Tuesday, 23 April 2013

Carbohydrate reference tables

Daffodils not yet blooming in the park
Leamington Spa, March 2013
People with diabetes who take insulin can do so in a number of different ways. The most common regimens are either a twice-daily injection, a fixed basal-bolus schedule of four injections, or basal-bolus with 'carb-counting'.

The twice-daily injection is 'mixed' insulin, where a proportion of the shot is long-acting and the rest is short-acting insulin. The amount is fixed, so with this regimen it is important to eat regular amounts at regular times, because if you skip a meal or a snack or don't consume enough carbohydrate, you can experience low blood glucose - a 'hypo'.

The fixed basal-bolus regimen consists of a daily shot of long-acting insulin, and three fixed injections of rapid acting insulin, one with each main meal. This is a little bit more flexible than using the mixed insulin, because you can tweak it a little by adding in or omitting some extra rapid-acting insulin as a 'correction' to pre-meal blood glucose levels that are too high or too low. It is still necessary to eat regular and consistent amounts of carbohydrate.

'Carbohydrate counting' is the most flexible option, where you still need the once- or twice-daily long-acting insulin, but you match the rapid-acting insulin to the amount of carbohydrate you eat. It allows you to skip meals, eat extra meals, eat early or late, and eat as much or as little carbohydrate as you want, but in return you have to do some work. In order to match carbs and insulin, you have to estimate how much carbohydrate is in your food, convert that to units of insulin, sometimes add in or take away a correction dose, and that's what you inject.

Estimating carbohydrate content of food can be done in a few ways. Food labels are the best estimate, as long as the food has a label and you can work out how much of it you ate. A whole margarita pizza is 337g and the label says it contains 29.1g carbohydrate per 100g, and you ate about a third of it with salad - call it 30g carbs. But if you cooked six handfuls of raw macaroni and added tomato and cheese and shared it with your partner who ate a bit more than half and there's some left over, and the macaroni packet says there's 73g of carbohydrate per 100g raw macaroni and the tin of tomatoes is 400g at 3g carbs per 100g, and then you had a medium apple, then how much carbohydrate did you have?

There are now pictorial guides and smartphone apps that will help you to estimate visually how much carbohydrate is in various foods, but they cost money, and many people don't have smartphones either. So we give patients carbohydrate reference tables that we have compiled ourselves.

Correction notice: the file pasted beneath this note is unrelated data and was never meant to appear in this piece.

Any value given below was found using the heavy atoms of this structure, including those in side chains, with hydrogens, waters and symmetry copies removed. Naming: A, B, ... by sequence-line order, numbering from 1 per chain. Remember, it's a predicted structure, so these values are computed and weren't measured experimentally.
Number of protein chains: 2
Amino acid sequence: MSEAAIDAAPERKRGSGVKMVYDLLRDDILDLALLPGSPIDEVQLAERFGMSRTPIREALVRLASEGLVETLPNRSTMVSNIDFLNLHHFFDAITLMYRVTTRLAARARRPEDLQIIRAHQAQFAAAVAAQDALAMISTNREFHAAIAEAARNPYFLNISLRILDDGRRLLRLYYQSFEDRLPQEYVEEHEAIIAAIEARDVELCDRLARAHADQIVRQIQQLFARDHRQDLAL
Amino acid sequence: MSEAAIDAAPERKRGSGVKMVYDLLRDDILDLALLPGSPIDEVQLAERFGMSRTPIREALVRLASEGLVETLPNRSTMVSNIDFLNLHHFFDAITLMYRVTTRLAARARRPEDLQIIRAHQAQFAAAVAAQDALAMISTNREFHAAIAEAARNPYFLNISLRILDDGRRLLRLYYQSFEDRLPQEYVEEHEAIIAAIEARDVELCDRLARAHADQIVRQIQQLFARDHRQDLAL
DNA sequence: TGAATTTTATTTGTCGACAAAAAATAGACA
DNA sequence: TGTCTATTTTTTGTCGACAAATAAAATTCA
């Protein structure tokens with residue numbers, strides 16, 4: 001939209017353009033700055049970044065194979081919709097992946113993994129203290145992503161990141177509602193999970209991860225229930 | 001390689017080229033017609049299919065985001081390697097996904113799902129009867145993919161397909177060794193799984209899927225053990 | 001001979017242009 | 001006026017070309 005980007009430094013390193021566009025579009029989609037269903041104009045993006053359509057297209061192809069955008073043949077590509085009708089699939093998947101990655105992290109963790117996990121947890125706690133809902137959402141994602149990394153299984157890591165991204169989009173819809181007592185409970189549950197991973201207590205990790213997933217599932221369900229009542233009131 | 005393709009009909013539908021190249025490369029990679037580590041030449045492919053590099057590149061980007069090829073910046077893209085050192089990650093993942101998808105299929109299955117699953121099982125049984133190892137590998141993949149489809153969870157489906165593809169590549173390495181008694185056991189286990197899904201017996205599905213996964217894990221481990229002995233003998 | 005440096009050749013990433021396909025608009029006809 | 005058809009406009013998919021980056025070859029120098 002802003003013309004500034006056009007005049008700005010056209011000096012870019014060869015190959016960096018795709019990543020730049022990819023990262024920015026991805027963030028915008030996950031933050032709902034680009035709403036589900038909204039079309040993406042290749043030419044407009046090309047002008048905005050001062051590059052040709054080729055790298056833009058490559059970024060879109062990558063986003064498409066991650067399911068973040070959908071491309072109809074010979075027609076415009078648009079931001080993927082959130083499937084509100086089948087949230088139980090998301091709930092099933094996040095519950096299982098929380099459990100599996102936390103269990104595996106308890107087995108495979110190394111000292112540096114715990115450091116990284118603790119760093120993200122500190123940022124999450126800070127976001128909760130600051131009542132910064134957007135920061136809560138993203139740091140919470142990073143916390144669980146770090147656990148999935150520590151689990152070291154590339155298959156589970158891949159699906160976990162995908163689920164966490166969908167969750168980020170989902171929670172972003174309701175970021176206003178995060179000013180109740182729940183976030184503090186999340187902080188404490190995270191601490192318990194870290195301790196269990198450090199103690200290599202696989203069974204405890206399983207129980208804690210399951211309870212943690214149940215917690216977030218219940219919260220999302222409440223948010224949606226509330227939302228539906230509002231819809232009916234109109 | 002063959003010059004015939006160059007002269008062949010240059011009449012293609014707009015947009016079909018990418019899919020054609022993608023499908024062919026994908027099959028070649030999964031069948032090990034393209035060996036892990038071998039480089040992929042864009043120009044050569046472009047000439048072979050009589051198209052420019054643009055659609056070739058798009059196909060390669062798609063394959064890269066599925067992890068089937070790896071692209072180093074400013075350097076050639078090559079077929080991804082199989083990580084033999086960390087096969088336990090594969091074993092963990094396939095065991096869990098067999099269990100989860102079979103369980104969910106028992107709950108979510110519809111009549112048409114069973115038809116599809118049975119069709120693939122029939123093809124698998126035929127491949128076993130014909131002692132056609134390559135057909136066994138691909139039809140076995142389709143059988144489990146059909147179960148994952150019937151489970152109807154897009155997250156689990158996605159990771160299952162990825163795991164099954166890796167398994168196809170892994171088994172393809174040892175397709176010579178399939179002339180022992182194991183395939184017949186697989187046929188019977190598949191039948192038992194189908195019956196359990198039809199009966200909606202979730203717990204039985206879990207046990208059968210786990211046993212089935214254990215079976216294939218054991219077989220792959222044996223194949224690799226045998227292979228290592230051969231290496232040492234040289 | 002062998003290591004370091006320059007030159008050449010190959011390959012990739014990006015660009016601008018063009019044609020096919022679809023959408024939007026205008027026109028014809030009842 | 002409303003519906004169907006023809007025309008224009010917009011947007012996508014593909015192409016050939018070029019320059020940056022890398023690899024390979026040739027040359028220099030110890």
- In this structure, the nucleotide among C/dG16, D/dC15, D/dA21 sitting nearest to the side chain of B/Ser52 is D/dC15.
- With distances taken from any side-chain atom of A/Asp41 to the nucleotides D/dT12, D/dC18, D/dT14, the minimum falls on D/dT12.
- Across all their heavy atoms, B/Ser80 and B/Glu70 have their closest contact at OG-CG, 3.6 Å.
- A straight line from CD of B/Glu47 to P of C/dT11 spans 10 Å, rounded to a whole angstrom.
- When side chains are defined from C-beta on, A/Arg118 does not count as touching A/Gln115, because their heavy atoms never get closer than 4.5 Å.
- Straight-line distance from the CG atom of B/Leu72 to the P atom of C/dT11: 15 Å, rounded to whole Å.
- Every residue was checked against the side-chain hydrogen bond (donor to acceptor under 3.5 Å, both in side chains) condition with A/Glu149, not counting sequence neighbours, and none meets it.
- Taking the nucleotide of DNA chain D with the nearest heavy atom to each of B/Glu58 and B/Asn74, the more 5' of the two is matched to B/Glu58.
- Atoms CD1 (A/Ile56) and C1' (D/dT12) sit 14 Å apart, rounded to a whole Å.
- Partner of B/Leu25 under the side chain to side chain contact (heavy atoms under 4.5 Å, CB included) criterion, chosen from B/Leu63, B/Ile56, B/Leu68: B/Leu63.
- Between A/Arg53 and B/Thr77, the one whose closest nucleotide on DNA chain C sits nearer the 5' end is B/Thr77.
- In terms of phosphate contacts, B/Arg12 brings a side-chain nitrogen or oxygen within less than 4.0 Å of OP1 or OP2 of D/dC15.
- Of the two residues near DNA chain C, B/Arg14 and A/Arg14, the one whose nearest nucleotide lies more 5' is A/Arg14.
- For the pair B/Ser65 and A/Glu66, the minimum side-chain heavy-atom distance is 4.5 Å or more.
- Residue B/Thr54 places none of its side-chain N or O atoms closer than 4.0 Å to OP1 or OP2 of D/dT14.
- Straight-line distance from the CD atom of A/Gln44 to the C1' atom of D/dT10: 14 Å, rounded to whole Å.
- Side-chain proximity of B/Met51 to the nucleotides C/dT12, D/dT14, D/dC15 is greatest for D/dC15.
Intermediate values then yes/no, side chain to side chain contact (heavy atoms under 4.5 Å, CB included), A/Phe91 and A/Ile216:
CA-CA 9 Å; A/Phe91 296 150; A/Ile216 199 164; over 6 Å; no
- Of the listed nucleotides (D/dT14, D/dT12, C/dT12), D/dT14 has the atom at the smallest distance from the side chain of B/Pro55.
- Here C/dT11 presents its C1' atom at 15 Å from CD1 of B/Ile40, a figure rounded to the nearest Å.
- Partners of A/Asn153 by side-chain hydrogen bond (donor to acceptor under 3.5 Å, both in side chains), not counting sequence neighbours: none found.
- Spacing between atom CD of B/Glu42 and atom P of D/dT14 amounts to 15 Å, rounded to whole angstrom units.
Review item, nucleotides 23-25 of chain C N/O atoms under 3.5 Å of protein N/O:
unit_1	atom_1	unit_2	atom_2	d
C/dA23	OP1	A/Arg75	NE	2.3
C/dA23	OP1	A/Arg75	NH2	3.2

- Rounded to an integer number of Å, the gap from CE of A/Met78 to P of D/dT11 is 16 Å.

For historical reasons, our hospital has two different carb reference booklets. Neither is particularly comprehensive, and I have some major concerns about their inconsistency. I don't much like either of them, so when it was suggested that I take over the project to bring them together in a single updated version, I thought that would be a great idea.

I have spent a lot of time on four different supermarket websites. They are great; nowadays you can find out all sorts of nutritional information without actually having to pick up a packet of food and look at the label. I am discovering some interesting things - for example, the carbohydrate content of sliced bread is a common starting point, and it's easy to remember that a thick slice is about 20g carbohydrate, a medium slice is about 15g and a thin slice is 10g. What I discovered in my 'research' is that supermarkets no longer offer thin sliced bread. Who knew!

I've also been using the pictorial guides, and the Bible for nutritional information: McCance and Widdowson's The Composition of Foods (Sixth Edition) which contains not only the carbohydrate content but a million other details of the nutritional composition of almost anything edible that you can think of. I must be about a third of the way through the job of revising the tables, and there are some interesting questions that I'll take to the team for a decision. For example, I think we've already decided that, unlike previous tables, we won't be rounding the figures to the nearest 5g. But how many different breakfast cereals should be included, given that cereals always have labels with nutritional information? Should we bother to include any cereals at all?

It's an interesting exercise, it's useful for me to focus on carb content of all sorts of foods, and a handy task to have when patients don't turn up for their appointments. I'm looking forward to having an agreed final version that we can all trust.

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